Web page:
In my 30 years in this industry, I’ve done my share of presentations. I’ve even gotten used to presenting other people’s slides with very little notice. Like most of us who present on a regular basis, I’m accustomed to delivering my insights to the tops of people’s heads while they text and email, or to the back of their laptops while they half-listen and half-work. I think I hadn’t really realized how used to that inattention I’ve become…until I stood in front of 70ish Per Scholas students who sat through the whole hour of me blabbing with no laptops or smartphones, no tapping on any keys, just sitting in their chairs and (gasp) looking at me.
Not just looking at me, listening to me… popping their hands in the air to ask questions – smart, insightful questions, too – and then taking notes as I answered.
They wanted to know everything, from what kinds of activities were involved in software testing to whether you needed to be able to code to how they could study the concepts ahead of time.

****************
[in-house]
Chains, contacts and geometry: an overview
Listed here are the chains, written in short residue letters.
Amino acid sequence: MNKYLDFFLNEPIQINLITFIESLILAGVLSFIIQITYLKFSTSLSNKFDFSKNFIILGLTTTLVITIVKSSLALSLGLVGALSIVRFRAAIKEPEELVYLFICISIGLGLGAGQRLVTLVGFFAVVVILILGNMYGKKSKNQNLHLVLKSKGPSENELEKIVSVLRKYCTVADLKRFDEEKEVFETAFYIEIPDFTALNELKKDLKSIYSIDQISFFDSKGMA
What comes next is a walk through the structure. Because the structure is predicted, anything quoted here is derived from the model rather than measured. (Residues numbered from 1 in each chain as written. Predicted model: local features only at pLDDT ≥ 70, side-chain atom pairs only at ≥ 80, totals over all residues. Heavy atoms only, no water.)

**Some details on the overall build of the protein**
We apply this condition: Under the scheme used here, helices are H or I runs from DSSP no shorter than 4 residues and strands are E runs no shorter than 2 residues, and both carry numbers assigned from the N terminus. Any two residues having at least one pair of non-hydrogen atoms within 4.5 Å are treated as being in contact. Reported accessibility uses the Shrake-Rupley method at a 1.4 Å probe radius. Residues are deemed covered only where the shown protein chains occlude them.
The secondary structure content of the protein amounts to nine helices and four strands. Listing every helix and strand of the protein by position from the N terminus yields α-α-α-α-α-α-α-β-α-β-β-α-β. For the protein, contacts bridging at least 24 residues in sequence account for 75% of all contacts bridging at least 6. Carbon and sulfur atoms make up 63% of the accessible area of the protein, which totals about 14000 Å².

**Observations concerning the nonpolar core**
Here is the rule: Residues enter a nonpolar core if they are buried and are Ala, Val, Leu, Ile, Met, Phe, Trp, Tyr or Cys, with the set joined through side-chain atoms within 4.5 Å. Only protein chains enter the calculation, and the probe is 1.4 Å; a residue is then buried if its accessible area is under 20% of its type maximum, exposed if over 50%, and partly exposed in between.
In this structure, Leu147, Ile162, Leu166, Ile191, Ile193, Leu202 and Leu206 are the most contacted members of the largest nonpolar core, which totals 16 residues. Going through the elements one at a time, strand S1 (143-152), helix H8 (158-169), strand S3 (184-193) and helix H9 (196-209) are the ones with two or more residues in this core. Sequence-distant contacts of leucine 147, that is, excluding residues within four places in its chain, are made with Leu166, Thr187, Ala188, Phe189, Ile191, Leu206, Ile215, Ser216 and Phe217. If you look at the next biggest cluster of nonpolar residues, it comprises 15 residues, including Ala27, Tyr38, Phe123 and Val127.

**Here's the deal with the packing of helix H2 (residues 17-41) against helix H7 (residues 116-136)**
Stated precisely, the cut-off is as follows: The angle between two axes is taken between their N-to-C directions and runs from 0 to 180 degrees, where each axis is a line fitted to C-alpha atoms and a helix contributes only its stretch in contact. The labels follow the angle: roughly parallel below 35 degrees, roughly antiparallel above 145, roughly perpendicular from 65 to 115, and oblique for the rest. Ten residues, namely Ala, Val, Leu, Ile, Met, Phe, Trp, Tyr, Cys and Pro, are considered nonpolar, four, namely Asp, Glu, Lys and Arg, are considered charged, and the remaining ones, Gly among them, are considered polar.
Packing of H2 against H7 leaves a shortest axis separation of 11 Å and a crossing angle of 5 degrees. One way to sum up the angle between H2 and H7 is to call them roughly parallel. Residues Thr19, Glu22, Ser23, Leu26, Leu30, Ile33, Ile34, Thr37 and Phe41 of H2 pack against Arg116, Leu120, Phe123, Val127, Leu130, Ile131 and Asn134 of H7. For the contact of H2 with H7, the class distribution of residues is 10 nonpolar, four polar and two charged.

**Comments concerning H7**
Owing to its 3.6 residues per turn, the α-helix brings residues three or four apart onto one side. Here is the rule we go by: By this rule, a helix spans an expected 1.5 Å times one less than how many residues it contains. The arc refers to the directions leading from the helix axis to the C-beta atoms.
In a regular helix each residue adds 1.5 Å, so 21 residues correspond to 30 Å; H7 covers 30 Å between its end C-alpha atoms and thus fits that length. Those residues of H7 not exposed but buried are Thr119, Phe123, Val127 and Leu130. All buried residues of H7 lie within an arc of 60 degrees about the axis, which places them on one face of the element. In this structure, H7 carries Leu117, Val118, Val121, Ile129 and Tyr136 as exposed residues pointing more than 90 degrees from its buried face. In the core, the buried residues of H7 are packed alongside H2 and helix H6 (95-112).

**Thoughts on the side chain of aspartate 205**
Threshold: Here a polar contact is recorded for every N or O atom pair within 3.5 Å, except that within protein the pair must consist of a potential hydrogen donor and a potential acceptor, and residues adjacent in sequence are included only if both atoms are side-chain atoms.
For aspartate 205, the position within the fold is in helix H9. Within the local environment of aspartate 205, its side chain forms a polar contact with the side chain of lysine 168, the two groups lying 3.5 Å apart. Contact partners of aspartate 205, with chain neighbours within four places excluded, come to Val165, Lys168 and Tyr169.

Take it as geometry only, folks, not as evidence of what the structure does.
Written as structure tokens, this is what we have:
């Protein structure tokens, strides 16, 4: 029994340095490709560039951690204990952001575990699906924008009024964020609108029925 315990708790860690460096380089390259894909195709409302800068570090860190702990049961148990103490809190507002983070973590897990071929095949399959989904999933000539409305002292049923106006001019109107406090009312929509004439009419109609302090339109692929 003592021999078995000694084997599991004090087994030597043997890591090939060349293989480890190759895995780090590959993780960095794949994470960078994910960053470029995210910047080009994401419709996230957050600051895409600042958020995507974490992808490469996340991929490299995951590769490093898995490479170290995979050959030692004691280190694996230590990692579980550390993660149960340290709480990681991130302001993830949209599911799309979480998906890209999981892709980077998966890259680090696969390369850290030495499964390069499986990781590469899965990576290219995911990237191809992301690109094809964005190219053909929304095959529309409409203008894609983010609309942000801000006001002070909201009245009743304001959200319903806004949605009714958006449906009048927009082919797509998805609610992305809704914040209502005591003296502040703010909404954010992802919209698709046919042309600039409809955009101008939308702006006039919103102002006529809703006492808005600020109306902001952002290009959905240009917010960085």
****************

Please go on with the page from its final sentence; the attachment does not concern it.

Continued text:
The STeP curriculum is one that is near and dear to my heart – ranging from basic coverage of testing methodologies and philosophies to hands-on experience at Barclays. The idea is to give students exposure to additional career choices and also prepare them for that first crucial interview as a junior tester. Without the availability of software testing classes in most college programs, testing is often the hidden career that most people don’t have visibility to until they stumble into it. With the complexity of today’s software requirements, we need testers who have some background in the discipline before they walk in the door. Per Scholas’ mission is to prepare their students for real employment so it’s more than just teaching the basic skills – it’s making sure they can compete in that initial interview. And these students want those interviews. And those jobs.